How can a law department break through inertia and make a solid GC succession plan?

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‘Tis the Season for Reason: Business Owner and Social Host Liability for Holiday Drinking

With the holiday season rapidly approaching – and with it, a succession of alcohol-fueled celebrations – business owners with liquor permits and those planning to host parties should consider what could happen if they are not appropriately vigilant when deciding whom to serve cups of cheer.

Liquor liability for businesses

South Carolina courts have become more severe in punishing those who serve alcohol to people who are intoxicated, so businesses with liquor permits should review their liquor liability policies – not only their insurance policies, but also their internal protocols.

Liquor permit holders already know they can’t sell alcohol to people under 21 years of age or who are intoxicated. But they also should be aware that state law defines “intoxicated” very broadly. Even if a customer doesn’t appear to be drunk when served, business owners can be held liable for the customer’s later actions, such as an accident or a fight, if they know the customer had something to drink before coming to the establishment and the business continued to serve them alcohol. Moreover, business owners can be held personally liable for the behavior of those who overindulge. This means that plaintiffs can go after a business owner’s personal as well as business assets. The costs can be overwhelming: In one case, a bar and its owners were held liable for $10 million dollars.

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Noncompete Agreements in South Carolina: A Primer for Businesses

U.S. businesses covered nearly one in five employees with some form of noncompete agreement intended to prevent them from taking a job with a rival, according to research.

Recent press, including a feature in The New York Times, has placed a sharper focus on the impact that such agreements can have on the nation’s workforce and overall economy. Several states have cracked down on the use of these contracts, and in late 2016, the Obama administration recommended reform.

South Carolina law favors free enterprise and competition and generally disapproves of noncompete agreements. But such agreements can be valid if they are properly limited to strike an appropriate balance between protecting an employer’s interest in protecting trade secrets and investment in training employees with a worker’s right to make a living.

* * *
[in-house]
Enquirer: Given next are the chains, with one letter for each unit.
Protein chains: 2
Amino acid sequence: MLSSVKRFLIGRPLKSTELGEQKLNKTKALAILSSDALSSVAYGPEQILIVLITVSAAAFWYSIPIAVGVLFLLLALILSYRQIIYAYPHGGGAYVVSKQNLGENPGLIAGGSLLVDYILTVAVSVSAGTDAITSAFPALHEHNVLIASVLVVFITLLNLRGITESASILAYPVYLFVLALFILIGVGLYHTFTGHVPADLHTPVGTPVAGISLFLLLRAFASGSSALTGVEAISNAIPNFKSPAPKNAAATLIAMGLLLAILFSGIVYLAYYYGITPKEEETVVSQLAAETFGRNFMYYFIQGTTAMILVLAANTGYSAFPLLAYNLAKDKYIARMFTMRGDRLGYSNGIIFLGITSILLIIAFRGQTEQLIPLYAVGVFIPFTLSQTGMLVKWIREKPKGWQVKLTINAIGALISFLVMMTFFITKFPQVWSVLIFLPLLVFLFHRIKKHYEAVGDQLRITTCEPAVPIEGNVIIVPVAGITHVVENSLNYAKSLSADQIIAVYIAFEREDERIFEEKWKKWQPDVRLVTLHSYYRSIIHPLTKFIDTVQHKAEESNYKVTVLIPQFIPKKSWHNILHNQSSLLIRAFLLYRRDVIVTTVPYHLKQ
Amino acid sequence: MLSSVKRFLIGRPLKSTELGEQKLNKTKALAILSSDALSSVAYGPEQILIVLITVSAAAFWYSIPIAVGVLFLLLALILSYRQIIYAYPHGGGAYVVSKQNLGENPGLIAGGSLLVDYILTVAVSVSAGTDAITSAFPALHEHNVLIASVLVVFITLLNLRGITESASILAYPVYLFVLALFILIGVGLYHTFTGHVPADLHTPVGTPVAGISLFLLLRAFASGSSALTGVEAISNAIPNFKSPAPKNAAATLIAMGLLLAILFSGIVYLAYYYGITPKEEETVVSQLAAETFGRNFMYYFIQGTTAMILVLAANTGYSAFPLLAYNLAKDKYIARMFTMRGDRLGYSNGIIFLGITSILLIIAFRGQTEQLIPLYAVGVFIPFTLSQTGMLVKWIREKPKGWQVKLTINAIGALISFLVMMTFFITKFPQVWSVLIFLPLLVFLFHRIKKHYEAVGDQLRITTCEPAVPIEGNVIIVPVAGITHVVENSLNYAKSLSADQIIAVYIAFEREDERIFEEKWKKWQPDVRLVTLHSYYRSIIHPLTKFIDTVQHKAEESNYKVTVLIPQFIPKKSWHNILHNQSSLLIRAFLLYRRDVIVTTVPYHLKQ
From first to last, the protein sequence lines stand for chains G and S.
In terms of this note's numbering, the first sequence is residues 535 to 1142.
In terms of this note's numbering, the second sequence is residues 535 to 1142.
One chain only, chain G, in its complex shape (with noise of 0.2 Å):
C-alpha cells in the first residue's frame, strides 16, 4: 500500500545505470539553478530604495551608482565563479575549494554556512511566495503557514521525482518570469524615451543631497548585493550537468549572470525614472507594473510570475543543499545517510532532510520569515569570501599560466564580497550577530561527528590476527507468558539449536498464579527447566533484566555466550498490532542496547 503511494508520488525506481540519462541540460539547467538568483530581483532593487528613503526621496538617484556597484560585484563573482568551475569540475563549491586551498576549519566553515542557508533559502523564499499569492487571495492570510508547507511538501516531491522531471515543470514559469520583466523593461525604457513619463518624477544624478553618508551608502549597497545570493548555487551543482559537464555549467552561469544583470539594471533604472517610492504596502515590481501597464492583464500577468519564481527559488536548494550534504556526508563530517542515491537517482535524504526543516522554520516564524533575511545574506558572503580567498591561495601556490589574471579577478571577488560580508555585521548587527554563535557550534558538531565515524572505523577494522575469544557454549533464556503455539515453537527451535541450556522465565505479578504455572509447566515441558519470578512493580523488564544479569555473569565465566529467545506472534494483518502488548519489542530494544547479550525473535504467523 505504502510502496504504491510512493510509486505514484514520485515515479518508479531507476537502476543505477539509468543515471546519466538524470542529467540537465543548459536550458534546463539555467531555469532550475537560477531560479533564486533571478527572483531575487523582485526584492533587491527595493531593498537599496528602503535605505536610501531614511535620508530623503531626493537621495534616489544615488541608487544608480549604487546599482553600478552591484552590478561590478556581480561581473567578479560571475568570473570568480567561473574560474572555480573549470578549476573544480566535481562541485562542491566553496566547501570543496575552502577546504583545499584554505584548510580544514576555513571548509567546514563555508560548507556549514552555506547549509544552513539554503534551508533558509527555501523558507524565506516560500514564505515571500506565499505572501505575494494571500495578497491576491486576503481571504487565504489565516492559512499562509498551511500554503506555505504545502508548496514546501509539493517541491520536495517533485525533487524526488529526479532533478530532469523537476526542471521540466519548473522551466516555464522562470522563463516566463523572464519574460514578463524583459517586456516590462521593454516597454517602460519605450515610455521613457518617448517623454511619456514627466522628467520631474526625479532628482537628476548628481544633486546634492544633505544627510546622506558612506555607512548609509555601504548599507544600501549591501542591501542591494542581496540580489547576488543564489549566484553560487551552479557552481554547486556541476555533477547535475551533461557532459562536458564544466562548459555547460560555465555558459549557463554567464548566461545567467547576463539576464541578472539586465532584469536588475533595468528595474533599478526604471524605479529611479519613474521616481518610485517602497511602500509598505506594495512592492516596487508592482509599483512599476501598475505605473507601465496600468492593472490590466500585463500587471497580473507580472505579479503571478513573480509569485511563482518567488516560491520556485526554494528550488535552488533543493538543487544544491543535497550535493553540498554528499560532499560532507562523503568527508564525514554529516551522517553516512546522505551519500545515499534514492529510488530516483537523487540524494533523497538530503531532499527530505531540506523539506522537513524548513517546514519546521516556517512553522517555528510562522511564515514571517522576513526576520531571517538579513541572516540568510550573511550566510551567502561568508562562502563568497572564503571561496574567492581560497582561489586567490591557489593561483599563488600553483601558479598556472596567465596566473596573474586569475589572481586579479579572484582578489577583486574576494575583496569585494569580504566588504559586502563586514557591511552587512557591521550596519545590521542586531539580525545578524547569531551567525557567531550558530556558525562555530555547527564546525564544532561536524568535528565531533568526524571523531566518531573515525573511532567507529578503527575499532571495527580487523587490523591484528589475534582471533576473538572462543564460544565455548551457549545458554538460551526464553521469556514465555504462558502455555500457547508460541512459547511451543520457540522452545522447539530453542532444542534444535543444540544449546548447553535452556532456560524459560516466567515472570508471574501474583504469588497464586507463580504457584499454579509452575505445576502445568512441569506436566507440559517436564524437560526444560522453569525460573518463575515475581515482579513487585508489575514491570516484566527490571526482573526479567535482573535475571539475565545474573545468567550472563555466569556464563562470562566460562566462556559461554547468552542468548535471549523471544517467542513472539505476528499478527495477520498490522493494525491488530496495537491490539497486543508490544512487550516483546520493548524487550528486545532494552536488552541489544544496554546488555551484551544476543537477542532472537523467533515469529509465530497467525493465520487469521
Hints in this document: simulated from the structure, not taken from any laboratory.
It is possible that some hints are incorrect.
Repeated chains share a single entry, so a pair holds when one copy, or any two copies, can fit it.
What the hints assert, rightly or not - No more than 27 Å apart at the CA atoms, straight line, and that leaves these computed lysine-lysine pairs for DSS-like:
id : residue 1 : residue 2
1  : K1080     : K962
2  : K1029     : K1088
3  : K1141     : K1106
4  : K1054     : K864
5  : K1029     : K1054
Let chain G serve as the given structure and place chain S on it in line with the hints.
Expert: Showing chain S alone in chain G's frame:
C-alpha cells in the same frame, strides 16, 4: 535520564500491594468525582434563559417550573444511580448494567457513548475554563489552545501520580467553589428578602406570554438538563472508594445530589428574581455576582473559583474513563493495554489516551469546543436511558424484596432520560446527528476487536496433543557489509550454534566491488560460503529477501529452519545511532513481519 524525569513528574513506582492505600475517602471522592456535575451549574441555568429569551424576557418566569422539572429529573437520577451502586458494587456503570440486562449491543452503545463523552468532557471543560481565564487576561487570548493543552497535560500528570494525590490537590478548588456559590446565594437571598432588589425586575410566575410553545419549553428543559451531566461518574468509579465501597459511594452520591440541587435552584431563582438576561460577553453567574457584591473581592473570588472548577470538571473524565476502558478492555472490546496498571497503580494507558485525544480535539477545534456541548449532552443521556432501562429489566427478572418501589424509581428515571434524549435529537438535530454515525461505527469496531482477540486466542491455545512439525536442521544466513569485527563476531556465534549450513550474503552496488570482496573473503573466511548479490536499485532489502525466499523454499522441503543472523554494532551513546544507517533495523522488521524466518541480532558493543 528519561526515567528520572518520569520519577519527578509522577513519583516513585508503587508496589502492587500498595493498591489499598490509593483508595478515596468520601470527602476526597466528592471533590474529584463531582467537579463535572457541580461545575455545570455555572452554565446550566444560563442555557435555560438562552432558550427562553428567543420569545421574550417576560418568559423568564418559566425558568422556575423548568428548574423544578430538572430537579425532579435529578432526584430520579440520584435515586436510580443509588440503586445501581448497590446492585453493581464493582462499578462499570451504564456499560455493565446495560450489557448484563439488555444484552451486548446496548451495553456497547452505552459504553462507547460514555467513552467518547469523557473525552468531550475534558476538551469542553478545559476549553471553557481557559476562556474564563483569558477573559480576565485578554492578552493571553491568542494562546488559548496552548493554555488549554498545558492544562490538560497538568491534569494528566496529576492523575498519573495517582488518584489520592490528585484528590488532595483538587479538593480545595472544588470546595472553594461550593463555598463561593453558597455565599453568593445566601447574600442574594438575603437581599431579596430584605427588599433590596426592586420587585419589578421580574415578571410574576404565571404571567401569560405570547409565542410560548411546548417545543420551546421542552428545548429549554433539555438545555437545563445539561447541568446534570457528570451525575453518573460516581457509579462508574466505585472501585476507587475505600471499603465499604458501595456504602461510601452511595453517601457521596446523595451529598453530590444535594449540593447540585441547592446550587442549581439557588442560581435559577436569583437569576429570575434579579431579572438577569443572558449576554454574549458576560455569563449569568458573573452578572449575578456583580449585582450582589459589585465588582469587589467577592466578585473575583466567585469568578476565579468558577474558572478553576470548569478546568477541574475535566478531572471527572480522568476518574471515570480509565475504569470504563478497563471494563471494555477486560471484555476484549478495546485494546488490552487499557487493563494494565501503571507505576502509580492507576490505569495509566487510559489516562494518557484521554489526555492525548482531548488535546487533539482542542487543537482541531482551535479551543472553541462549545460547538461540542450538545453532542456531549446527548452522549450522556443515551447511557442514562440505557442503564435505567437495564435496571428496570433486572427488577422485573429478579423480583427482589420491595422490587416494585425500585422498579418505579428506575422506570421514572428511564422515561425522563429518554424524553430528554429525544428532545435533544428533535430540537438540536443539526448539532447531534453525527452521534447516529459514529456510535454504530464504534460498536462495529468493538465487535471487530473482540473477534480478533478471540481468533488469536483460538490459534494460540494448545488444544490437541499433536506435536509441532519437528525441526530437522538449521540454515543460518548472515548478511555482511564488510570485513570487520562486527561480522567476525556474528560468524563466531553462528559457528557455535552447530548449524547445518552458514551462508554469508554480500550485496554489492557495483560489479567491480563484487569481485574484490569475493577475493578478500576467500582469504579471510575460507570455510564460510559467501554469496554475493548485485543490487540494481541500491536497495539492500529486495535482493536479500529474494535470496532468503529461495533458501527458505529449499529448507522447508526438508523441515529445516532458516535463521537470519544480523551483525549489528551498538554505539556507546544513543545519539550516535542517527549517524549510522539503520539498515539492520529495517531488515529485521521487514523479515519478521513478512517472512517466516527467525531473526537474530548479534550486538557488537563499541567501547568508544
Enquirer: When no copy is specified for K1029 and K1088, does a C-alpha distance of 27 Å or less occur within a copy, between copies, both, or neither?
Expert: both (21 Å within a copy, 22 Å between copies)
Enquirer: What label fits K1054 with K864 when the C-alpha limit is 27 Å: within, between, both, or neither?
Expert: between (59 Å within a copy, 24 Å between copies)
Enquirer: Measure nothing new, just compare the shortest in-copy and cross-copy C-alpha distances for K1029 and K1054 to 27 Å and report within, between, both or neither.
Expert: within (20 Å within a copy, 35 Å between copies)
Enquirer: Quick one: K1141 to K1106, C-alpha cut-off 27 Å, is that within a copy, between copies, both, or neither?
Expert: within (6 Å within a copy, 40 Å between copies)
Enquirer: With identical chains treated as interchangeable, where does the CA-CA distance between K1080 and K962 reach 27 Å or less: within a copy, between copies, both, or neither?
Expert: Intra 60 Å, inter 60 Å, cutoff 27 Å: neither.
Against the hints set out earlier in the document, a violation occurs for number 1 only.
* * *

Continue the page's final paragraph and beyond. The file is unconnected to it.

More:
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Forming an LLC? Don’t Forget to Have “The Talk”

About two-thirds of all new businesses in the U.S. start out as LLCs, or limited liability corporations. Entrepreneurs recognize that LLCs combine the protections of a traditional corporation with the operating flexibility that small businesses need. 

We’re big fans of LLCs, but they are not without potential pitfalls. When there are problems, it’s usually because the LLC members were in a hurry at the outset, and didn’t take advantage of all the safeguards and flexibility this business formation entity allows.

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Protect Your Loved Ones from Elder Financial Abuse

It’s a fact of life: as we get older, our powers of discernment diminish and our judgment of others – particularly their trustworthiness – often makes us vulnerable. Sadly, there’s a legal component to outliving our good judgment.

Elder financial abuse takes many forms, and the common denominator is theft. Sometimes a family member is involved. Sometimes it may be a caregiver who is a constant companion or someone met at church who seemingly just wants to help an older person manage his or her affairs. Families may seek legal help in regaining control over a loved one’s personal affairs or recovering squandered funds. Banks and others caught in the middle may seek legal help when they are unsure if granting a request for a joint account or other shared authority over finances is in the best interests of an older person. Lawyers called in on these types of cases often find that it is difficult to recover misappropriated assets, so if you suspect something is awry in an elderly person’s life you should seek legal counsel as soon as possible.